Christopher Exeter on the Global Burden of Disease study

c_exeterMid December saw the launch of the decennial Global Burden of Disease (GBD) study at the Royal Society in London.  The study is the global rating of mortality, morbidity, and disability.

The data tells a familiar story.

Where infection and malnutrition related illnesses were once the primary causes of death, these have now been replaced by death from heart disease, cancer and other chronic disorders. The disease burden is now increasingly defined by disability rather than premature death—with much of this now caused by musculoskeletal disorders, back and neck pain, injuries, and mental health conditions.  

Ensuring data quality, the need for greater comparability, improved systems for more accurate collection, and analysis, were considered particularly important in understanding the links between communicable and non communicable disease (NCDs).

There was a lengthy discussion on the risks to humans and these as expected centered on hypertension and tobacco. The full list of risks were presented and there was disagreement over whether the sheer number may be a distraction and there should be greater focus on the principal causes. On balance it was felt that for completeness the full risks needed to be known—and one of the major benefits of the GBD was that it offered the ability for evidence-based prioritisation. This was underlined by one speaker who referred to the islands of despair in the seas of joy; meaning whilst money going into specific diseases was important—others miss out. There is also not enough learning from the success of one therapy or intervention to another.

There was a feeling more needed to be done to deal with premature death in the under 5s.

The Institute of Health Metrics and Evaluation, based in Seattle, USA, will be providing country level data in 2013, which alongside health expenditure, will provide greater transparency and accountability for the public to challenge health services and politicians; understand the costs and where their money is going; and question why some systems are more successful than others.

The medical knowledge is clear, but what does the GBD data tell us in terms of the economic and policy response: the levers that will make the changes required to respond?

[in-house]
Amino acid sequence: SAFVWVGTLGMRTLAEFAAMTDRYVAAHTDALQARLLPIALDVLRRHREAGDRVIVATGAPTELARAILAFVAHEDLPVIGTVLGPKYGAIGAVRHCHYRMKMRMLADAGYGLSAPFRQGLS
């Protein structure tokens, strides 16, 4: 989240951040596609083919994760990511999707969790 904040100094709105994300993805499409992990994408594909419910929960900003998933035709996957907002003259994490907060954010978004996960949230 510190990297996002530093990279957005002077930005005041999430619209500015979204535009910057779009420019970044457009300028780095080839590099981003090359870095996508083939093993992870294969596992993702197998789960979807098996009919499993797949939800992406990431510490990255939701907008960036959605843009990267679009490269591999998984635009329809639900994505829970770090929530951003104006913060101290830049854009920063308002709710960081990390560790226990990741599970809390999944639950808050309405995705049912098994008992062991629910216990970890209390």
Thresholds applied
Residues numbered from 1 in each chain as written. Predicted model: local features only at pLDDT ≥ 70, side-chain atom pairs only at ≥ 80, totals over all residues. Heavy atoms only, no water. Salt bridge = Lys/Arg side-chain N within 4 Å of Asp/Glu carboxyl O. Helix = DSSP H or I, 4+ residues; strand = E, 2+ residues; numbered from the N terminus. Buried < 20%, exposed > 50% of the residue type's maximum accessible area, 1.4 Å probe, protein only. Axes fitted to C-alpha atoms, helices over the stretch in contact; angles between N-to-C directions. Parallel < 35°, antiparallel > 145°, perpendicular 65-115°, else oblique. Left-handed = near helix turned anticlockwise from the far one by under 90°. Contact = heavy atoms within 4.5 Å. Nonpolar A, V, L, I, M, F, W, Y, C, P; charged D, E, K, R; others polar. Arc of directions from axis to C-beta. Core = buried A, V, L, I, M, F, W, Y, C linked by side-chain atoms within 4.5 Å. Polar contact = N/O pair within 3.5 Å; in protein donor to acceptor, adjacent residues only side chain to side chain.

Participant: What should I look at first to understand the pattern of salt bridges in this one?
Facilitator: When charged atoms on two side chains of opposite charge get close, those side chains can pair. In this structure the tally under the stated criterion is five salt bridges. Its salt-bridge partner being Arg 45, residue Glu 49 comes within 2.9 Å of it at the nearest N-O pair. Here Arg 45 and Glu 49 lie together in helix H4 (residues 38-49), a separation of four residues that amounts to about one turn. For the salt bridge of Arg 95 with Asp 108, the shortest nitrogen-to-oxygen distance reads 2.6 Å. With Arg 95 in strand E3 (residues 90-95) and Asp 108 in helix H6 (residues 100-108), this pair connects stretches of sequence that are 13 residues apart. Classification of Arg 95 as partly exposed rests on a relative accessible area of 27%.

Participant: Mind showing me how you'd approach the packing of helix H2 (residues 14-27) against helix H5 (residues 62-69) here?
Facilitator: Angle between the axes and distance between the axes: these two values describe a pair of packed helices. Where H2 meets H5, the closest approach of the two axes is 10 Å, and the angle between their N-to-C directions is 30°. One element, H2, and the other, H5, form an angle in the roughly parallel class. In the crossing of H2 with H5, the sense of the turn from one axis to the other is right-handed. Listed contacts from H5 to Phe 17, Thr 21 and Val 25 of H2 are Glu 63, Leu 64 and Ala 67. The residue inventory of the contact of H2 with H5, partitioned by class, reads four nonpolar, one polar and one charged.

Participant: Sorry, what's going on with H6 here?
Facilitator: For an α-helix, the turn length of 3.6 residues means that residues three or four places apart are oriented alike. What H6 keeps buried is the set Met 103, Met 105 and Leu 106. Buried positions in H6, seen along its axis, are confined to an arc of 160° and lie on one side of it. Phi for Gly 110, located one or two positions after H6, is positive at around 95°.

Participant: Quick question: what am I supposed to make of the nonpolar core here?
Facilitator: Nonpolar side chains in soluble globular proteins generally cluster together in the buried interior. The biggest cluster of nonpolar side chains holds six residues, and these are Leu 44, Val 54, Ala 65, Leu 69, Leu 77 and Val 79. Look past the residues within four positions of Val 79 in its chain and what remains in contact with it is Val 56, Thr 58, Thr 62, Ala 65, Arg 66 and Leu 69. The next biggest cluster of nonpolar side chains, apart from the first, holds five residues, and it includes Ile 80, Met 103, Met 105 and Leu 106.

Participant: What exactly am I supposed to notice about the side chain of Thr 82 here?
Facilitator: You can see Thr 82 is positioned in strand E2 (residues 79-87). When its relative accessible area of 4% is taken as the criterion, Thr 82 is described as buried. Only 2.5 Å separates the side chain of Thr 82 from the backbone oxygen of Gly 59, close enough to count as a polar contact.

Firstly, as the data makes plain the world is indeed getting older. Between 1970-2010 life expectancy at birth has increased by 10.7 years for males and 12.6 years for females, explained due to decreasing mortality across every age group, although this is slower in young adults. One of medicine’s great successes of the twentieth century was to reduce the risk of premature death from infection. But conversely the “ageing population” is frequently blamed for increases in NCD. Fortunately, the GBD data puts the record straight: whilst NCDs are on the rise, it is chronic disease and disability in the 15-59 age group that are responsible for the biggest rise. The ageing population “problem” is nothing more than a failure of bureaucracies to respond to known facts by not putting in place adequate social care provision.

Secondly, NCDs are as much an economic problem as they are medical. The impact that NCDs have on established health systems and the threat they pose to establishing universal care in LMICs are well rehearsed. Economics and healthcare are strange bedfellows, frequently eyeing each other with suspicion, usually about costs.  There is a cost containment issue, but this doesn’t have to mean negative historic cutting (aka efficiency) instead properly organised economists, clinicians, and health leaders could do much more with the resources they have in the future (aka productivity) by examining the best ways of delivering healthcare.

Thirdly—and the overriding message of the day—was the need for greater prevention.  In many respects this is quite hackneyed, we all know it and, albeit with some limited successes, existing institutions have been pretty weak at making this a reality. Western systems for example are still geared towards the treatment of mass infection, not the prevention of chronic diseases. Indeed, as one speaker at the conference put it, despite knowing simple screening is effective, it is scandalous that hypertension is such a problem. Yet there is light on the horizon:  simple and widely available technologies, such as smartphone apps, can provide a potential solution to mass screening, which will help with prevention. However, how that data is managed, owned, and used to help populations by managing resources has yet to be successfully explored. A much more mature approach is required to promote prevention, and certainly not one that penalises people.

Finally, there is an important lesson in how the GBD was developed.  Much was made during the day of the international effort that took place to create the GBD. This is undoubtedly true, and all those involved should be congratulated. However, especial congratulations must go to the Institute of Health Metrics and Evaluation, for coordinating the GBD.  The leadership provided by the University of Washington is an example, like so many others, of the risk and investment US organisations are prepared to take. Sitting in London at the launch conference, one could not fail to reflect on how this contrasted sharply with the timidity and short-termism of the UK.

I have read and understood the BMJ Group policy on declaration of interests and have no relevant interests to declare.

Christopher Exeter is a senior fellow in the Division of Surgery at Imperial College London.  By background he is an economist and specializes in technology to prevent NCD.  He was previously a civil servant in the UK Government and prior to that worked in corporate finance for a city firm.